The government is targeting an external debt relief of $10.5 billion between this year and 2026 as it engages its external creditors for debt restructuring, the International Monetary Fund (IMF) has reported.
The external creditors include bilateral and commercial creditors.
The government announced a suspension of debt service on external commercial obligations on December 19, last year and has since been engaging with them on a debt restructuring.
The government is seeking to restructure external commercial debts of $14 billion, out of which $13 billion are in bonds.
Following the formation of the Creditor Committee of the Paris Club backed by China, the government is also expected to begin debt restructuring negotiations with its bilateral creditors in the coming days in a bid to restructure debts of about $5.4 billion.
At a press conference yesterday by the IMF in the United States capital, Washington DC, the Minister of Finance, Ken Ofori-Atta, said the government was looking forward to a fruitful engagement with its bilateral and private creditors in the days ahead, as the country worked towards achieving debt sustainability that would anchor economic stability.
Under the IMF program, the country is expected to reduce its debt to Gross Domestic Product (GDP)-ratio from the current 93.5 per cent to 55 per cent.
Path to recovery
Mr Ofori-Atta said the approval of Ghana’s IMF program would set the country on the path of economic recovery.
He said although the IMF board’s approval was far from a magic wand, it was a crucial first step on a necessary journey of strong reforms, inclusive growth and relentless pursuit of a growth agenda geared towards restoring the economy to a place of strength, resilience and prosperity.
“Undoubtedly the economic toll on our people from the effects of the global crisis cannot be understated and we are grateful for the forbearance of all Ghanaians in the wake of the Domestic Debt Exchange Program which is a difficult but necessary exercise,” the Finance Minister stated.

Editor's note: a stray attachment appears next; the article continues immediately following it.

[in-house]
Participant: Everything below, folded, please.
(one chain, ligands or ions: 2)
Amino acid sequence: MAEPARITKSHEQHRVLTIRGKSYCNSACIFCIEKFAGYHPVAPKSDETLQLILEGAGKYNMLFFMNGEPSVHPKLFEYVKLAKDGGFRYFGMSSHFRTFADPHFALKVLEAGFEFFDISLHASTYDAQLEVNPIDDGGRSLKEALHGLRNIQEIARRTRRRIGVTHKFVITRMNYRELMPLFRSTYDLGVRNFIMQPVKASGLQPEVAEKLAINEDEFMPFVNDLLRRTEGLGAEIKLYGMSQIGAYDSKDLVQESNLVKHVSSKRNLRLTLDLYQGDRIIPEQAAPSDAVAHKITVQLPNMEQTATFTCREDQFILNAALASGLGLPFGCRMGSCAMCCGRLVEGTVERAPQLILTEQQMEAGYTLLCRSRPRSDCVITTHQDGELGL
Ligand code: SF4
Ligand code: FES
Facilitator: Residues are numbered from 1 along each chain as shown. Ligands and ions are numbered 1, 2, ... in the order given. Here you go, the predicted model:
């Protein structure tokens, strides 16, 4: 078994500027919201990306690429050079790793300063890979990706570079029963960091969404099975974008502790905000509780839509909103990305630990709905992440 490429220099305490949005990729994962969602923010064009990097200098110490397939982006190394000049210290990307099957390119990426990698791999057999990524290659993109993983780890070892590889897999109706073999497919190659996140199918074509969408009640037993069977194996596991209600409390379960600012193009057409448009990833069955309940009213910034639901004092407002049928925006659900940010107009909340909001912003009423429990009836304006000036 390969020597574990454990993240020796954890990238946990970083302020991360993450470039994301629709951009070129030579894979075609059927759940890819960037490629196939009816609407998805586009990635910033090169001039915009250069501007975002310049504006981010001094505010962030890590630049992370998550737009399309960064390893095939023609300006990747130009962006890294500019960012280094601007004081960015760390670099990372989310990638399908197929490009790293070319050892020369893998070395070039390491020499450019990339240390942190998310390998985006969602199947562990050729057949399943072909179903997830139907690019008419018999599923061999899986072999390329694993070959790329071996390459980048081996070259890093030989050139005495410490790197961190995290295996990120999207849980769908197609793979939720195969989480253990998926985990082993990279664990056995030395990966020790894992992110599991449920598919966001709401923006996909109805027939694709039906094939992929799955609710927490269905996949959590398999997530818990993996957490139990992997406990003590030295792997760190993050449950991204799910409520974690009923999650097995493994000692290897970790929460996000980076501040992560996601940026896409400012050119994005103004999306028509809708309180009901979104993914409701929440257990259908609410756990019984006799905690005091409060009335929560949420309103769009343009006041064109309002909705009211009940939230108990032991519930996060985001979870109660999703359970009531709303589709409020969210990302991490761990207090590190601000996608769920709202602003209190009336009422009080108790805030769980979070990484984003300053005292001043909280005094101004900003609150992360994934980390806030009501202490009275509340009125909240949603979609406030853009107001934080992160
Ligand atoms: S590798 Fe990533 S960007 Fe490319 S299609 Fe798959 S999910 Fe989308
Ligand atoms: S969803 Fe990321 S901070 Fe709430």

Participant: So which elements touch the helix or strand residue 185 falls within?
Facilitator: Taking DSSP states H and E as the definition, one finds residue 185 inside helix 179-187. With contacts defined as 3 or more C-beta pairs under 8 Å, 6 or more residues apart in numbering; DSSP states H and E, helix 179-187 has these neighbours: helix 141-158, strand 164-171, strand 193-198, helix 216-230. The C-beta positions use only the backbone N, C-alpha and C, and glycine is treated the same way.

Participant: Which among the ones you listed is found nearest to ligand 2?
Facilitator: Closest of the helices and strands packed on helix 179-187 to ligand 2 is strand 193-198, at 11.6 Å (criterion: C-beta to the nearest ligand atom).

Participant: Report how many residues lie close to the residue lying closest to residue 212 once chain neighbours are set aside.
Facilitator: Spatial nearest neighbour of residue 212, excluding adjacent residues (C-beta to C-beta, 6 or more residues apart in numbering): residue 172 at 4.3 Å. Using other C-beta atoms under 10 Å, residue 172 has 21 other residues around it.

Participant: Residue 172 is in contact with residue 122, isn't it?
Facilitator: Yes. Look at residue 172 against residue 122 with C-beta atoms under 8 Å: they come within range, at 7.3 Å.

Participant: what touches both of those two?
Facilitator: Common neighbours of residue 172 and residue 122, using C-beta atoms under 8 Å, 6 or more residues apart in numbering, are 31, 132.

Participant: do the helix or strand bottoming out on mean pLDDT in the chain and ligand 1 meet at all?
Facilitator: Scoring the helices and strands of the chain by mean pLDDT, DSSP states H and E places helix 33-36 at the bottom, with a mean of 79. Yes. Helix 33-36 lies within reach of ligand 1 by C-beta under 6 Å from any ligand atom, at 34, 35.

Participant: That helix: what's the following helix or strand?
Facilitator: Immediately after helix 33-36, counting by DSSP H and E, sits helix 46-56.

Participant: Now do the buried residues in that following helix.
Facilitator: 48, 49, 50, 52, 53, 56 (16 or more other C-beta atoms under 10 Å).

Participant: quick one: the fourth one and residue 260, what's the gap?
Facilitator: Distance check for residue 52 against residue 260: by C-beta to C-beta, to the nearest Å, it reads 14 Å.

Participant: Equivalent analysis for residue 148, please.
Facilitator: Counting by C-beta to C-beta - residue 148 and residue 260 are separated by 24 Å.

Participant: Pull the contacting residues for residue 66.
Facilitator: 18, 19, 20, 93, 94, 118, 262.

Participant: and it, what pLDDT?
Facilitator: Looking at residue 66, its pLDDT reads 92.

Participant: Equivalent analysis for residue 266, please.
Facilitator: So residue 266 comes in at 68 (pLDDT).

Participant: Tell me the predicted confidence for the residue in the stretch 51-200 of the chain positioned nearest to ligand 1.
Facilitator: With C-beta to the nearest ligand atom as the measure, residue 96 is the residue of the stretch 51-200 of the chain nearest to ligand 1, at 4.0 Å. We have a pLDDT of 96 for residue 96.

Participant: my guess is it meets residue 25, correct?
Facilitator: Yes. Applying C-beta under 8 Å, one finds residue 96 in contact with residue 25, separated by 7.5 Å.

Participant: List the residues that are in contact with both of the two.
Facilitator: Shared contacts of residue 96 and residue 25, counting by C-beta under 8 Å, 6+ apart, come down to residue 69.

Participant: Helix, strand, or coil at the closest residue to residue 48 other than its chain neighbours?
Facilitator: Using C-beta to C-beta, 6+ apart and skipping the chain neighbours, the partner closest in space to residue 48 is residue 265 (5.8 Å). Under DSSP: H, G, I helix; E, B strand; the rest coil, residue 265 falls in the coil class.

Last Wednesday, the Executive Board of the IMF approved a $3-billion bailout to support Ghana’s economic recovery, triggering an immediate disbursement of about $600 million.
The loan will help replenish Ghana’s foreign-exchange reserves, which have dropped almost 50 per cent from a peak in August 2021, as the Bank of Ghana used them to support the Ghana cedi.
The three-year Extended Credit Facility program with the fund marked the 17th time the country was running to the Bretton Woods institution for support.
Mr Ofori-Atta added that the DDEP had hugely impacted banks in the country and the government was looking forward to working together with them to achieve the required financial stability.
He said the Ghana Financial Stability Fund, which had been established to support banks affected by the DDEP, would be capitalized to the tune of $1.5 billion.
“$250 Million is coming from the World Bank, government will contribute $500 million, as we still speak to other development partners to participate in that,” he stated.
Mr Ofori-Atta said the government was hopeful that World Bank’s support would come within the third quarter of the year.
The Finance Minister also noted that the government was not in a rush to return to the international capital market to raise additional financing.
Mr Ofori-Atta indicated that working towards a return to the capital market was, however, important as it would help improve the country’s credit ratings and make it more attractive to foreign investors.
The Finance Minister said the revenue measures outlined in the 2023 budget would give the government the resources needed going forward.
“We will also curtail our expenditures so there is no rush to go back to the international capital market and our expectation is that in managing our expenditure and increasing our revenue, we will have the needed resources,” he stated.
Also at the press conference via Zoom, the Governor of the Bank of Ghana, Dr Ernest Addison, said the approval of Ghana’s program would serve as a basis for further engagements between Ghana and its development partners.
He said the IMF program should not be looked at only from the budget support point of view as it also came with benefits that far exceeded that.
“While the budget support helps with the current reserves of the central bank, what matters most is the fact that the program sets out policies and structural reforms that should help Ghana reset our economic policy fundamentals,” the Governor said.
“These reforms should re-anchor policy and embed irreversibly in our policy outcomes to make sure our economy is more resilient,” Dr Addison stated.
The Governor also pointed out that it was now the time to work towards the country’s economic recovery.
“This program approval is just the beginning of the real work of building Ghana better,” he stated.
Dr Addison said the IMF Executive Board’s approval of the program in such a short time frame was an indication of a strong government political will and commitment to the reform agenda.
“We have now reached a point where our key stakeholders must come through quickly with their support to give meaning to the catalytic role of the IMF and help build Ghana better,” the Governor appealed.